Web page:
The new hardware tag will be paired to a user’s iCloud account and users will be able to receive notifications when a device, like their iPhone, gets too far away from the tag. Users will also be able to configure locations to be ignored, and can opt to share a tag’s location with friends or family.

And like Tile, when the item with the tag attached goes missing, users could then put the tag into a “Lost” mode that would alert the owner when it’s found. The “finding” takes place by way of a crowdsourced network that includes every other Apple device owner who’s opted in to use this same tracking service, it would seem.

A large crowdsourced network is today one of Tile’s key advantages.

To date, the company has sold 24 million Tiles, which now connect to 4 million items daily with a 90 percent success rate, thanks to its own community-find feature. A competitive product from Apple could eat away at Tile’s business, while also serving as a new source of device revenue for Apple — and perhaps subscription revenues, too, for access to the crowd-finding network.

The reported merger of Apple’s two tracking applications comes at a time when Apple is rethinking how it wants to position its apps. Another recent report from 9to5Mac had confirmed Apple’s plans to break up iTunes, and instead bring new Music, podcasts and TV apps to Mac users. Apple will revamp its Books app as part of these changes, too, the report said.

It’s worth noting that there’s a big leak at Apple right now, and 9to5Mac is benefiting.

In addition to the news about the unified apps, Tile-like tracker and the breakup of iTunes, the site also leaked a big preview of iOS 13, which is said to include a system-wide dark mode, new gestures, visual changes and more. And just yesterday, the site reported that Apple is working on a feature that will allow users to pair a Mac with an iPad to use as a secondary display — something offered today by companies like Luna Display or Duet Display.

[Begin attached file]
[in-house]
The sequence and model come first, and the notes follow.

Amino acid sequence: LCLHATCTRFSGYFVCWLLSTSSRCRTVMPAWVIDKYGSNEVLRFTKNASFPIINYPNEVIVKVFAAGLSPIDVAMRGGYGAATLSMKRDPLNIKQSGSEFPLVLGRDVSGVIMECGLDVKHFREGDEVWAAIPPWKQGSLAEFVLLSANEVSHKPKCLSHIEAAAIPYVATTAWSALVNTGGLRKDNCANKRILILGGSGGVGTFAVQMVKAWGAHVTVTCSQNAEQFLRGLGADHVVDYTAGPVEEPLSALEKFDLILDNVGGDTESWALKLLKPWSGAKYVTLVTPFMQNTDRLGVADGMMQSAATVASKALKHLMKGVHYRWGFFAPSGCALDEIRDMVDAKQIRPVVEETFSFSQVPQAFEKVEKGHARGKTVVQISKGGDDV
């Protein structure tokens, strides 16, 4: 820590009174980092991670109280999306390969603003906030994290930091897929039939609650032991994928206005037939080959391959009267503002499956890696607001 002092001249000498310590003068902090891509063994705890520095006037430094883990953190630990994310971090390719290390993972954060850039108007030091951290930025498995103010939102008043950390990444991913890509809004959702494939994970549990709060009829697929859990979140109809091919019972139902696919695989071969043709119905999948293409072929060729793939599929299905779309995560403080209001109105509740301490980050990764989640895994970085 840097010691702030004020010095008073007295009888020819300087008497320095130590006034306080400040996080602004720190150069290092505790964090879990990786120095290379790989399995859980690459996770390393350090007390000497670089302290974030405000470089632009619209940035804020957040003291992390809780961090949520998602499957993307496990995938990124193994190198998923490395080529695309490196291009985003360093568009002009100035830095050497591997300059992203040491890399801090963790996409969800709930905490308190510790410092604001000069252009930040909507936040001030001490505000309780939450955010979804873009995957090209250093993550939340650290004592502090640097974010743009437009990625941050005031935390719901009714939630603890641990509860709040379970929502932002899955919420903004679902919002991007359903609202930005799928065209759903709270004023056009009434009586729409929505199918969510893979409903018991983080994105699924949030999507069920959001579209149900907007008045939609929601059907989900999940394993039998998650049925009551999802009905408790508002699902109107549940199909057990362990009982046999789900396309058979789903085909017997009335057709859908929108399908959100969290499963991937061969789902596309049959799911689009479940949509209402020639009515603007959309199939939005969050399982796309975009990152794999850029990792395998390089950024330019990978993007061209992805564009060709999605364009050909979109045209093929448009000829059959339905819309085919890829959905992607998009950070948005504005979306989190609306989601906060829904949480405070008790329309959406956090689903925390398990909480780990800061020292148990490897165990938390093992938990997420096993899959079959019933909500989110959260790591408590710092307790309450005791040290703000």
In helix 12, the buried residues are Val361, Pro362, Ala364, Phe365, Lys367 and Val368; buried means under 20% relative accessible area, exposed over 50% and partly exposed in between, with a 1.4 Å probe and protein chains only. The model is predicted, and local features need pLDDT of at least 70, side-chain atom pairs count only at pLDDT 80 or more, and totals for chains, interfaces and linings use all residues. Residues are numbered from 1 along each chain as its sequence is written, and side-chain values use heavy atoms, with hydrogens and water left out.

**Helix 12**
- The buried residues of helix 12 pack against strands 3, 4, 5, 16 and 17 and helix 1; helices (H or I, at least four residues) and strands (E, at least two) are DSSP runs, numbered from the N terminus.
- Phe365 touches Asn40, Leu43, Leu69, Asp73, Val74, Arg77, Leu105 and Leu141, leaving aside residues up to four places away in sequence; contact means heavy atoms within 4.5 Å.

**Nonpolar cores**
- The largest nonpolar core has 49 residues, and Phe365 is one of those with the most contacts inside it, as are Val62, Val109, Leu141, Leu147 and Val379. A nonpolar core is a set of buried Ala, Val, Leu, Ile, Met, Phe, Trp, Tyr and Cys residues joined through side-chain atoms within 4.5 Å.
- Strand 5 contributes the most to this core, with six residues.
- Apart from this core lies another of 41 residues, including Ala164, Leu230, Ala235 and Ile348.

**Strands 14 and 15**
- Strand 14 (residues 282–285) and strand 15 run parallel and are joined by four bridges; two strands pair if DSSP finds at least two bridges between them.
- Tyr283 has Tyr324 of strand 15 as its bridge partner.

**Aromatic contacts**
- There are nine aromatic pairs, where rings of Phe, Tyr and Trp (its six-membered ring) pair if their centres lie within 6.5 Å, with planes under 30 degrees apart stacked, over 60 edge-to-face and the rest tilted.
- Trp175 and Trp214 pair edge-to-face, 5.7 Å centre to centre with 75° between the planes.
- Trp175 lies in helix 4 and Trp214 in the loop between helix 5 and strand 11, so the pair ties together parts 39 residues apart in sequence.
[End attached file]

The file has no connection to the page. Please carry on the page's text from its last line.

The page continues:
As for the new, unified “Find My…” app and hardware tag, no timeline to a public release is yet known.

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The damage of defaults

Posted by | AirPods, algorithmic accountability, algorithmic bias, Apple, Apple earbuds, apple inc, artificial intelligence, Bluetooth, Diversity, Gadgets, headphones, hearables, iphone accessories, mobile computing, siri, smartphone, TC, voice assistant, voice computing | No Comments

Apple popped out a new pair of AirPods this week. The design looks exactly like the old pair of AirPods. Which means I’m never going to use them because Apple’s bulbous earbuds don’t fit my ears. Think square peg, round hole.

The only way I could rock AirPods would be to walk around with hands clamped to the sides of my head to stop them from falling out. Which might make a nice cut in a glossy Apple ad for the gizmo — suggesting a feeling of closeness to the music, such that you can’t help but cup; a suggestive visual metaphor for the aural intimacy Apple surely wants its technology to communicate.

But the reality of trying to use earbuds that don’t fit is not that at all. It’s just shit. They fall out at the slightest movement so you either sit and never turn your head or, yes, hold them in with your hands. Oh hai, hands-not-so-free-pods!

The obvious point here is that one size does not fit all — howsoever much Apple’s Jony Ive and his softly spoken design team believe they have devised a universal earbud that pops snugly in every ear and just works. Sorry, nope!

Hi @tim_cook, I fixed that sketch for you. Introducing #InPods — because one size doesn’t fit all 😉pic.twitter.com/jubagMnwjt

— Natasha (@riptari) March 20, 2019